4) We are mature (late 30s – early 40s) and know exactly what we are looking for in a relationship and also patient enough to the necessary time before making major decisions. He asked me to marry him after about 6 months but I said “Listen to Evan! We need at least 2 years and we need to live together first!” (Thanks Evan!)

    5) I used to live near the town where he is based (we met when I was visiting friends and family) so if I move there, it’s a familiar place and I won’t be challenged with making all new friends or navigating a language barrier.

    6) In order for him to emigrate to the country I am living now, we do not have to get married, but we do have to be in a de facto relationship (which means living together and showing proof that we are sharing a home, finances, leisure time, and have met each others’ family and friends). That takes a lot of pressure off and we don’t have to get married right away.

    What I say to other people in LDRs that if this person is a really good match for you and you work hard for the relationship, the distance doesn’t matter. You will feel so secure, safe, and understood that you will willingly navigate the rest. Distance in and of itself is not a dealbreaker but you must be 150% committed and willing to deal with the stress of immigration, relocating, different cultures, climates, leaving behind what is familiar, etc. My boyfriend and I have both emigrated multiple times and lived far away from our families since we were in college, so we’re pretty tough independent people and can deal with all of the above, but it’s not for everyone. But if you go in with your eyes open, take time to get to know the person, don’t let adrenalin take over and drive your decisions, and navigate the difficult stuff together and become closer as a result,  you may find yourself on a grand adventure with the love of your life.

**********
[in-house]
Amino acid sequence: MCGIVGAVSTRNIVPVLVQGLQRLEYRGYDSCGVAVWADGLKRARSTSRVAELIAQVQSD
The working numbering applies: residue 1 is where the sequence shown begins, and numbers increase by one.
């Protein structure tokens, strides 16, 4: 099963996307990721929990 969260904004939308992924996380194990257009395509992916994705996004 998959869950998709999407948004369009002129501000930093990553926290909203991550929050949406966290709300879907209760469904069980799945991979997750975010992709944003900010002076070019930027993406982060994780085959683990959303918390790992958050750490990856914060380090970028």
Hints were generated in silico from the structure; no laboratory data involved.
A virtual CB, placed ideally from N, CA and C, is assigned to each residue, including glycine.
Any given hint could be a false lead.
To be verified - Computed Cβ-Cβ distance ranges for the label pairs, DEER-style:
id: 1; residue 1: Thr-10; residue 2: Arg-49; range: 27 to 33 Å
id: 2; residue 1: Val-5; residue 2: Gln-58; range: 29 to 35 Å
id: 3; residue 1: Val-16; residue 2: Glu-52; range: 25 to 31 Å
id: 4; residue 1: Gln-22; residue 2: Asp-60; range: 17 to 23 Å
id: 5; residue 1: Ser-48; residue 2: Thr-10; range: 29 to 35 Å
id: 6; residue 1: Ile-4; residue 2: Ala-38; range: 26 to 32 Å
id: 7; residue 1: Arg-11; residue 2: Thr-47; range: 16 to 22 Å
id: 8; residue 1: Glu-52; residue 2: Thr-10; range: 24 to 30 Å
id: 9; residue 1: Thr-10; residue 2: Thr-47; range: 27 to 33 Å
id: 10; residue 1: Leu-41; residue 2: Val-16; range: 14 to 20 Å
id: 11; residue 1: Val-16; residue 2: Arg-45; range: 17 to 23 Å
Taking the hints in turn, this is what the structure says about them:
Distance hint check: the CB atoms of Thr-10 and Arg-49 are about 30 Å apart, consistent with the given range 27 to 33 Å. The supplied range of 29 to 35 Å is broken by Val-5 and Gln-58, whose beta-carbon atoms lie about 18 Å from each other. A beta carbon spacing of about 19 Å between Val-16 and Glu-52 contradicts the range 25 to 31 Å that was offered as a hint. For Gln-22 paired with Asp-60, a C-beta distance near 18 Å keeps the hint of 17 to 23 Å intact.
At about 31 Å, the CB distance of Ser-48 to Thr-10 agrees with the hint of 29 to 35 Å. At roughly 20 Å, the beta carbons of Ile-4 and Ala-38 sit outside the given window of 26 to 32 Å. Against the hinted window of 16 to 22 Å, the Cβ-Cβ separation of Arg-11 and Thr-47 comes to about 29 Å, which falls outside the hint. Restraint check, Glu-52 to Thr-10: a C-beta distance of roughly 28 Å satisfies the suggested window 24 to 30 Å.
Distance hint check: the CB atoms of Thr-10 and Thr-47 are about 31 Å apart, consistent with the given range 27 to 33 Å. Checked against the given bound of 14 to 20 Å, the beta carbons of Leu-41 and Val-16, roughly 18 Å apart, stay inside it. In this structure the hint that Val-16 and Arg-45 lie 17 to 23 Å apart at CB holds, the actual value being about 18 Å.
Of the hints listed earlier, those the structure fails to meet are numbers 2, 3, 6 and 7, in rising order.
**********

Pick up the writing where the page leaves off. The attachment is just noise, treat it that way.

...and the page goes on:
9. 9
    Getcalm

    Big red flags should be waving right now … OP is less than a year out of her marriage and has had 3 sexual relationships prior to the Swede’s arrival.  OP is barely sober.  Anyone with any program experience knows that the primary suggestion is to make no significant moves/commitments in the first year of sobriety.  This whole scenario smacks of little girl/white knight rescuer drama.  Not to mention, we have an online situation where the Swede knew she was married and “emotionally supporting” her … yuck.  That’s what girlfriends, therapists, your sponsor are for.  I say SLOW DOWN, it’s not love, it’s the old intensity masquerading as intimacy false flag.

Leave a Reply

Your email address will not be published. Required fields are marked *